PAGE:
Do you sometimes feel as if you only have one set of skills? That you’ve built your career on one path and now you can’t switch gears? Do you get talks from friends and family about picking a major, or a career, that can “go somewhere” and “turn into something?” I got the same talk, but it came from myself.
In college, I wanted to study everything. I entered school as a biology major, but switched to psychology, then international relations, and finally settled on English. I even considered a French minor!
I dropped biology because I didn’t want to compete against pre-med students in every class when I knew I didn’t want to go to medical school. I switched out of psychology because I couldn’t picture myself being a researcher or a psychologist. I decided against international relations because I didn’t want to work for a non-profit or non-governmental organization. I picked English, finally, after semesters of classes in other majors, because I loved reading and writing. However, I also knew I could use reading and writing in any career I wanted.
You know what all of those “because” statements have in common? I thought the major you picked would determine your entire life or could hurt your career potential. I thought I had to pick a path and stick to it, that it would be impossible to change my direction once the course was set. I thought I had to be practical and set a course I could stick to, instead of thinking about what invigorated me and enriched my entire college experience.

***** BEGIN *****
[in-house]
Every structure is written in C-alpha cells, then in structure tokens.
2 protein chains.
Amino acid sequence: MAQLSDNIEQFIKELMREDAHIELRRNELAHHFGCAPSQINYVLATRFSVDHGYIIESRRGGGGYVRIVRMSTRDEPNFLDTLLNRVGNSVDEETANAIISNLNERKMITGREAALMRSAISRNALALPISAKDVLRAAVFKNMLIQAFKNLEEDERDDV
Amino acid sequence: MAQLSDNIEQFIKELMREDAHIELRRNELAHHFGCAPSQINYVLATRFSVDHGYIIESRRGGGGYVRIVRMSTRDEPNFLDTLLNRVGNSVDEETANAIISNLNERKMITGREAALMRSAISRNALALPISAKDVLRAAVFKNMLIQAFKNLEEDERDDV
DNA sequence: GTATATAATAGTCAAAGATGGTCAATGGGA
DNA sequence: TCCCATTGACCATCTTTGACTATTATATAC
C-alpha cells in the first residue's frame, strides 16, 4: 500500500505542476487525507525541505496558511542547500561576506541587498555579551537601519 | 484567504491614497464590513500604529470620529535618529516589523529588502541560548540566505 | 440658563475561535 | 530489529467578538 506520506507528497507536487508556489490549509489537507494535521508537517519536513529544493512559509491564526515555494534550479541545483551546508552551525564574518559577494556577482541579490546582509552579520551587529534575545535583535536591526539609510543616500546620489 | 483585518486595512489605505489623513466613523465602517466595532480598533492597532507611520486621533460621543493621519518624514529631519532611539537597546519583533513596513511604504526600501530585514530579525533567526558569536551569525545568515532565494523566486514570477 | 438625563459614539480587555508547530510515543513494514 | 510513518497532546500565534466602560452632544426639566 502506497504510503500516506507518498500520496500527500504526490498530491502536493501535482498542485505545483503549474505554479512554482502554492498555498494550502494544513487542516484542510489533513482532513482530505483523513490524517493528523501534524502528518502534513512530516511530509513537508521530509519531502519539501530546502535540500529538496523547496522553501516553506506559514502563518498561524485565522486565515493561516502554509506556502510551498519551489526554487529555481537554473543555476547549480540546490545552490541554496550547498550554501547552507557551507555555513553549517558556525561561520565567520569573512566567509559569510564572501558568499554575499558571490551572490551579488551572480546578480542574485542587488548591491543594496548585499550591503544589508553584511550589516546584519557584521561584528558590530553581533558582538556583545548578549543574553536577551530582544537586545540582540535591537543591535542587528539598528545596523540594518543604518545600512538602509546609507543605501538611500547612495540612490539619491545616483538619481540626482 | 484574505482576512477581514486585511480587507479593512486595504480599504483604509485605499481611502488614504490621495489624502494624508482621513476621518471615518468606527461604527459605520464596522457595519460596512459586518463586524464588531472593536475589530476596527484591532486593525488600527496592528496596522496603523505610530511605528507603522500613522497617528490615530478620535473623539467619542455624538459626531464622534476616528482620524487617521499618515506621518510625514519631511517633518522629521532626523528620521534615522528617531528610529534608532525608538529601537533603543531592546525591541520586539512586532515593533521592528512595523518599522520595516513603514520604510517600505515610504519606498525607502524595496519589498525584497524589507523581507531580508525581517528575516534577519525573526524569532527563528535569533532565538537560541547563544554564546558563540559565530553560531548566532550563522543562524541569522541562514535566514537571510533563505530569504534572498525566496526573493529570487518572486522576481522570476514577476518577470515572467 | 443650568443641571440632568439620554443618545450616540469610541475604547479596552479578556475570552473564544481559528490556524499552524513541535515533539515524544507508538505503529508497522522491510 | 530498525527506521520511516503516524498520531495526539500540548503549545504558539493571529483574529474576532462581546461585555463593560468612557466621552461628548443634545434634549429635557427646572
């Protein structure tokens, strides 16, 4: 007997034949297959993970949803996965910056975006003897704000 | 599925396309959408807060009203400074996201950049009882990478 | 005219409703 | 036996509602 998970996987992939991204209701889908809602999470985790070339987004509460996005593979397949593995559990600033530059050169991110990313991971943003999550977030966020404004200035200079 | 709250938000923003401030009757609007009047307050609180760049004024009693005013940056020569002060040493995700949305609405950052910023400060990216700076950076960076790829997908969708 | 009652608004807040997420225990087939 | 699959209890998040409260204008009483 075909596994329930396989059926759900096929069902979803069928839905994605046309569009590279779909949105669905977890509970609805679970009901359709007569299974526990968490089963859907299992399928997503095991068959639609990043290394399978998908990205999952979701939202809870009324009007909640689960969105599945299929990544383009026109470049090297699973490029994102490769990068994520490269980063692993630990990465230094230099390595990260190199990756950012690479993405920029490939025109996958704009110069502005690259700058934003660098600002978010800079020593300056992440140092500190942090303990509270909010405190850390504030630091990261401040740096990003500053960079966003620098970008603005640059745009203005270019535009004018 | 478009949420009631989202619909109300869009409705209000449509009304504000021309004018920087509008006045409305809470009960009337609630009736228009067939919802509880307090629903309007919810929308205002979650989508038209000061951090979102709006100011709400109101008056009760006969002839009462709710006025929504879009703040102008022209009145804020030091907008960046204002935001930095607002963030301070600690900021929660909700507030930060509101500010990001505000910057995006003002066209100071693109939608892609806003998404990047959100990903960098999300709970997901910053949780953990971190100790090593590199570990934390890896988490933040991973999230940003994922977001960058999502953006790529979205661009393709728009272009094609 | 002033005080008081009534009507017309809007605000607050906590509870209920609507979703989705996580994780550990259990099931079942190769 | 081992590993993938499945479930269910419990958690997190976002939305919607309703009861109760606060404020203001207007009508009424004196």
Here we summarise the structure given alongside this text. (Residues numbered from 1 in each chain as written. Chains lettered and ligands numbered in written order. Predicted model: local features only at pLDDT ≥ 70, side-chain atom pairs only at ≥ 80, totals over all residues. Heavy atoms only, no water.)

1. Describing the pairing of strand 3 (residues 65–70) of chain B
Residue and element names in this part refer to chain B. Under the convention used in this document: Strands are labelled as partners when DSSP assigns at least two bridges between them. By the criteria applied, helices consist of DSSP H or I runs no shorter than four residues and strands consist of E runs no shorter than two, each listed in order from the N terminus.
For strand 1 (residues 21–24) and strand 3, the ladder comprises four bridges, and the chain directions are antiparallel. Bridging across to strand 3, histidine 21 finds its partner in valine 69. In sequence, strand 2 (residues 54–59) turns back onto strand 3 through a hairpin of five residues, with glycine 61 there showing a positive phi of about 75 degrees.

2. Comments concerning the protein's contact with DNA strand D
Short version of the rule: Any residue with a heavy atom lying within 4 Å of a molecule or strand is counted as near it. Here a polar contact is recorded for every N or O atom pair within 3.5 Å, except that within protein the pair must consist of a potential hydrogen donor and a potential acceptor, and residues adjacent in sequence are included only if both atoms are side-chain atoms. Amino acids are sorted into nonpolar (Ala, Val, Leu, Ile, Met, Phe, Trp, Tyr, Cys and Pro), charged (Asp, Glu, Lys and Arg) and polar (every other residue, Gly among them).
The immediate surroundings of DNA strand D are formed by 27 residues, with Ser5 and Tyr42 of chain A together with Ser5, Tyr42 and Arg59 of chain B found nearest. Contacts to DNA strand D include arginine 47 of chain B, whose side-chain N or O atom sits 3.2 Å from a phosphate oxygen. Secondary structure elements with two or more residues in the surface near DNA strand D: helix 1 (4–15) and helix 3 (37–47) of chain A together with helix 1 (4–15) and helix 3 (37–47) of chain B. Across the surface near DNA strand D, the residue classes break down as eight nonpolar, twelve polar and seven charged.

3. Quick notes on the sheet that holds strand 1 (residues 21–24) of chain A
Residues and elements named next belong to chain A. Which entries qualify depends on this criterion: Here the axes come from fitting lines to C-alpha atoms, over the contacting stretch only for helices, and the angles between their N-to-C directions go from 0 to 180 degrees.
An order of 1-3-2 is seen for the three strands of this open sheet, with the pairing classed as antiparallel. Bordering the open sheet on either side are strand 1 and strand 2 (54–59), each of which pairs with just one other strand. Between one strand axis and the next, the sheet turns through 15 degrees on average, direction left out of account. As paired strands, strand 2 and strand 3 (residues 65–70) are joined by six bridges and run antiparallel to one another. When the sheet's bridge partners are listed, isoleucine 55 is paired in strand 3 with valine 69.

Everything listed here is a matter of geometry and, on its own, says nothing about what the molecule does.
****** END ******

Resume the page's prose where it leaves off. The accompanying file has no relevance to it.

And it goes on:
Three years of law school later, and I realized how wrong I was about everything. I spent law school studying criminal law, spent my summers getting hands-on experience, and finally interned at the Public Defender’s Office. It was there that I decided once and for all that criminal law was not for me. I liked the court appearances and building a case, but I didn’t want to work there, and I didn’t want to open my own firm.
What was I to do? I had spent all of my time and energy building up a resume that said I wanted to be a criminal defense attorney, but I wanted to practice civil litigation, an area in which I had no hands on experience. I lamented, groaned, moped, and then (with the help of some friends and the law school career counselor) I finally realized that all of my experiences had given me transferable skills.
I’d learned time management, taking charge of tasks, working independently, and how to interact with clients and co-workers professionally during my internships that could also apply to any other job. Qualities that an employer wants an employee to have, I had, and I got them through my experiences. I thought I would be “stuck” in one career path based on my major, or my work experience, but it turned out I would only be stuck if I couldn’t see how to market myself the right way.
The kinds of skills employers look for aren’t always based on what forms you know how to fill out or what software you can use. Above all else, they want to know you can succeed in the workplace. You can get those skills through any major, any course of study, if you’re looking to develop them. College is about preparing for the future, but it is meant to be enjoyed too.
Study what you love, what ignites your passions, what makes you want to do your reading! Alright, maybe that part can’t be helped. You won’t get those years back, so take advantage of all the opportunities available to you. Maybe you won’t switch majors as often as I did, but you also shouldn’t feel pigeonholed by your choices. You will be able to study what you want, and still have the career you want if you recognize the similarities in your past experiences, not the differences.